The Swedish Experiment
Childhood Asthma increased by 300% when carpets were removed from Swedish homes and schools. Previously, there was considerable debate in Sweden, with claims that carpet was the source of harmful contaminants that were resulting in allergic reactions. As a result, Swedish consumers and public building officials severely reduced their use of carpet. However, in 1996, Professors Shishoo and Börjesson, of the Swedish Institute for Fibre Polymer Research, pointed out that while carpet had dropped from a market share of 40% in the mid-1970s to only 2% in 1992, the occurrence of allergic reactions and other environmental sensitivity in the general Swedish population had actually been steadily increasing. Of particular note, since carpet was not recommended for schools, was the fact that the prevalence of childhood asthma had trebled over the same period.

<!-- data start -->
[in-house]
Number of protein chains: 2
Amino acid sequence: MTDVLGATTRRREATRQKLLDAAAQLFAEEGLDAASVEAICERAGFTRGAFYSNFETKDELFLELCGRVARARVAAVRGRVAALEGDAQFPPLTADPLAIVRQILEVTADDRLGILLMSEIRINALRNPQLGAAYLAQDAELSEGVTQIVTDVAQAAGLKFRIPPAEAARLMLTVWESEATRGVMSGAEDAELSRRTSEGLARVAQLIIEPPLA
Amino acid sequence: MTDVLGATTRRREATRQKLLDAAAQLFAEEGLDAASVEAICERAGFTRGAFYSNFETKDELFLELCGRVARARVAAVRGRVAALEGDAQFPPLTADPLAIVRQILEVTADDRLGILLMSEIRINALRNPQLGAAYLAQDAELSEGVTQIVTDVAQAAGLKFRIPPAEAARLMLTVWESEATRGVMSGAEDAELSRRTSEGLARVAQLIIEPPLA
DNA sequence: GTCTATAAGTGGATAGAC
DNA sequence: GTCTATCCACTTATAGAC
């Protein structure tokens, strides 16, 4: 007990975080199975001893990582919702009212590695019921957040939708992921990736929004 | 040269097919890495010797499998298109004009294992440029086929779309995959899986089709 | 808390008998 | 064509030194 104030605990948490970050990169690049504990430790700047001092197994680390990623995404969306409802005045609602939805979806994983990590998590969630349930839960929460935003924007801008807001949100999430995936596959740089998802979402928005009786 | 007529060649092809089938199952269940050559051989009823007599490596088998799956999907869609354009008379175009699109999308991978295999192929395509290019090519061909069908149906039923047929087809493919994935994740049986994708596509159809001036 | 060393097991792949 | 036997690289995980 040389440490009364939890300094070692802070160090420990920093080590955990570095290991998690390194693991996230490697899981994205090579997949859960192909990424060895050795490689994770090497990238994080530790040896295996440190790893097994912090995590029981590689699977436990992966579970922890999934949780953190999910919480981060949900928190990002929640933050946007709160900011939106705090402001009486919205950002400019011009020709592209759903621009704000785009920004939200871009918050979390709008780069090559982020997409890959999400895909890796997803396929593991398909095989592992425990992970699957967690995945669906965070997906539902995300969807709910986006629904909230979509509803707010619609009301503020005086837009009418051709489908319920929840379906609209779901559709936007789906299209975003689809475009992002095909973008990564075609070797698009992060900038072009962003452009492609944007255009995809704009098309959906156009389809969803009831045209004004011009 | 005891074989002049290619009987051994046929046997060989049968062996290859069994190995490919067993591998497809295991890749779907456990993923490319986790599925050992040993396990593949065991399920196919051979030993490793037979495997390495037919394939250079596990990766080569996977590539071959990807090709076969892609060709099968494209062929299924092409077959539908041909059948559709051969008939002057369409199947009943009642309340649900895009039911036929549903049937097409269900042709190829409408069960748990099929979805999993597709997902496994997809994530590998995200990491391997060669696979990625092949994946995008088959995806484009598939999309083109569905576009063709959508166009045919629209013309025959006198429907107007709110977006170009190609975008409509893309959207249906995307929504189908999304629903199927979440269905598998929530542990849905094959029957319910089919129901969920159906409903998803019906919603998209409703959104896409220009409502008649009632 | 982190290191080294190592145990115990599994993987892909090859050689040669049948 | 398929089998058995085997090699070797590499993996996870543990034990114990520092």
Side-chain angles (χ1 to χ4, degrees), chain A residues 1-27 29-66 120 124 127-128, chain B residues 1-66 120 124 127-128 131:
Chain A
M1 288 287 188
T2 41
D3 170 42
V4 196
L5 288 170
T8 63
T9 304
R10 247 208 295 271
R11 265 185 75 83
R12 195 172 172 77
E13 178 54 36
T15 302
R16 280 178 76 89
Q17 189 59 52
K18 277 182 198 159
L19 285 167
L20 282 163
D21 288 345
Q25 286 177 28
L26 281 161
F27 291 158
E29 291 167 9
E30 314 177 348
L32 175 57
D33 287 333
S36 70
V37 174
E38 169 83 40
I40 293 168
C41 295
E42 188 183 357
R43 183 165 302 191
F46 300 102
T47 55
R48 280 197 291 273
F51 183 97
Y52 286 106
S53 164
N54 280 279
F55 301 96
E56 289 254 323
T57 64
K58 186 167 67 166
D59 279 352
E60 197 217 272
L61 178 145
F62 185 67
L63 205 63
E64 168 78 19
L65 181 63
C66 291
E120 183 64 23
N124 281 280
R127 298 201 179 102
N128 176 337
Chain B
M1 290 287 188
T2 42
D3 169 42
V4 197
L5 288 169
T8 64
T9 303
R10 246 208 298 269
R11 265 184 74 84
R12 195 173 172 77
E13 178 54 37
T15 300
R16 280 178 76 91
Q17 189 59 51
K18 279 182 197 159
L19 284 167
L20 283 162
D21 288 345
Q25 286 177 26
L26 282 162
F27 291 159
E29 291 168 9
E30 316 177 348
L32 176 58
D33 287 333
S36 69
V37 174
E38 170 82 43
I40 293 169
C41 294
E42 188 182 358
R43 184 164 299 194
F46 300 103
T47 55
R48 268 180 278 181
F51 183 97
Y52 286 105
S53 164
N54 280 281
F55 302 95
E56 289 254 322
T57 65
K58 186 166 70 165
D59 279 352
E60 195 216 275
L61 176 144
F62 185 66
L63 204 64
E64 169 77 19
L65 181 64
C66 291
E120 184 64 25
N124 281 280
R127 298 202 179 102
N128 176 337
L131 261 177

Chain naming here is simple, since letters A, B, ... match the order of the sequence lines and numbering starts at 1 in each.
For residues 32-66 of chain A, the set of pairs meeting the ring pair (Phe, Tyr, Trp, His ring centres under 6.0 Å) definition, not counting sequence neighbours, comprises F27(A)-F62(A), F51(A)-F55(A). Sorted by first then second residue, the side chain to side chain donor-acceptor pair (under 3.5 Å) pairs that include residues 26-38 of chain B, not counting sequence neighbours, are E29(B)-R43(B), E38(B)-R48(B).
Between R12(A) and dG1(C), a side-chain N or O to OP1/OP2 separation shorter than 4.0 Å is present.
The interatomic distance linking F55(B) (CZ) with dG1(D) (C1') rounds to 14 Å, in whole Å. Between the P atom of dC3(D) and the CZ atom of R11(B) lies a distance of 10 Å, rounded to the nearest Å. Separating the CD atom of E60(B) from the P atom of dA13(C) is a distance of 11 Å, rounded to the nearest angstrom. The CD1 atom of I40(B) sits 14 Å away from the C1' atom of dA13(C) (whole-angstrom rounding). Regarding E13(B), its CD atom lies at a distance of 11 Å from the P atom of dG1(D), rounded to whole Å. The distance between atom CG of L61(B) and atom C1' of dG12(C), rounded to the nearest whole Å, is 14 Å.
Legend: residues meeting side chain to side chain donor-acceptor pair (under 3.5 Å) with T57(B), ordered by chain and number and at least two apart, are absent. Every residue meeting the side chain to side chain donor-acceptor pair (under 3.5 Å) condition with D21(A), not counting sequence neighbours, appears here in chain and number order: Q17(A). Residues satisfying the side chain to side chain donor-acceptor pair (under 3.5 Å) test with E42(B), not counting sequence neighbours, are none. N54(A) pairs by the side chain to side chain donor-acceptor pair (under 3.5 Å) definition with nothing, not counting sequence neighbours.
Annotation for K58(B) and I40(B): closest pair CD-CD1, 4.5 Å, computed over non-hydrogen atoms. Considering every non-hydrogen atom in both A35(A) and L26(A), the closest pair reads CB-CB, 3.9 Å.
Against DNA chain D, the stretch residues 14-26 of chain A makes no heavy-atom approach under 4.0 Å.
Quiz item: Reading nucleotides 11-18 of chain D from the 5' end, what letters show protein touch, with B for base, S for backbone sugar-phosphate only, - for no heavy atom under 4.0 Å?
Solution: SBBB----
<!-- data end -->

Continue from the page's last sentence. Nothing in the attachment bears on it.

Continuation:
Wool Removes Indoor Air Contaminents
Polluted indoor air can lead to discomfort, reduced efficiency and even ill health amongst employees and residents. Wool carpet has been shown to rapidly neutralise formaldehyde, nitrogen dioxide and sulphur dioxide, common contaminants in today’s indoor environment.
Not only does wool neutralise these contaminants more quickly and completely than synthetic carpet fibres, it does not re-emit them, even when heated.
Wool carpet may continue purifying the air for up to 30 years.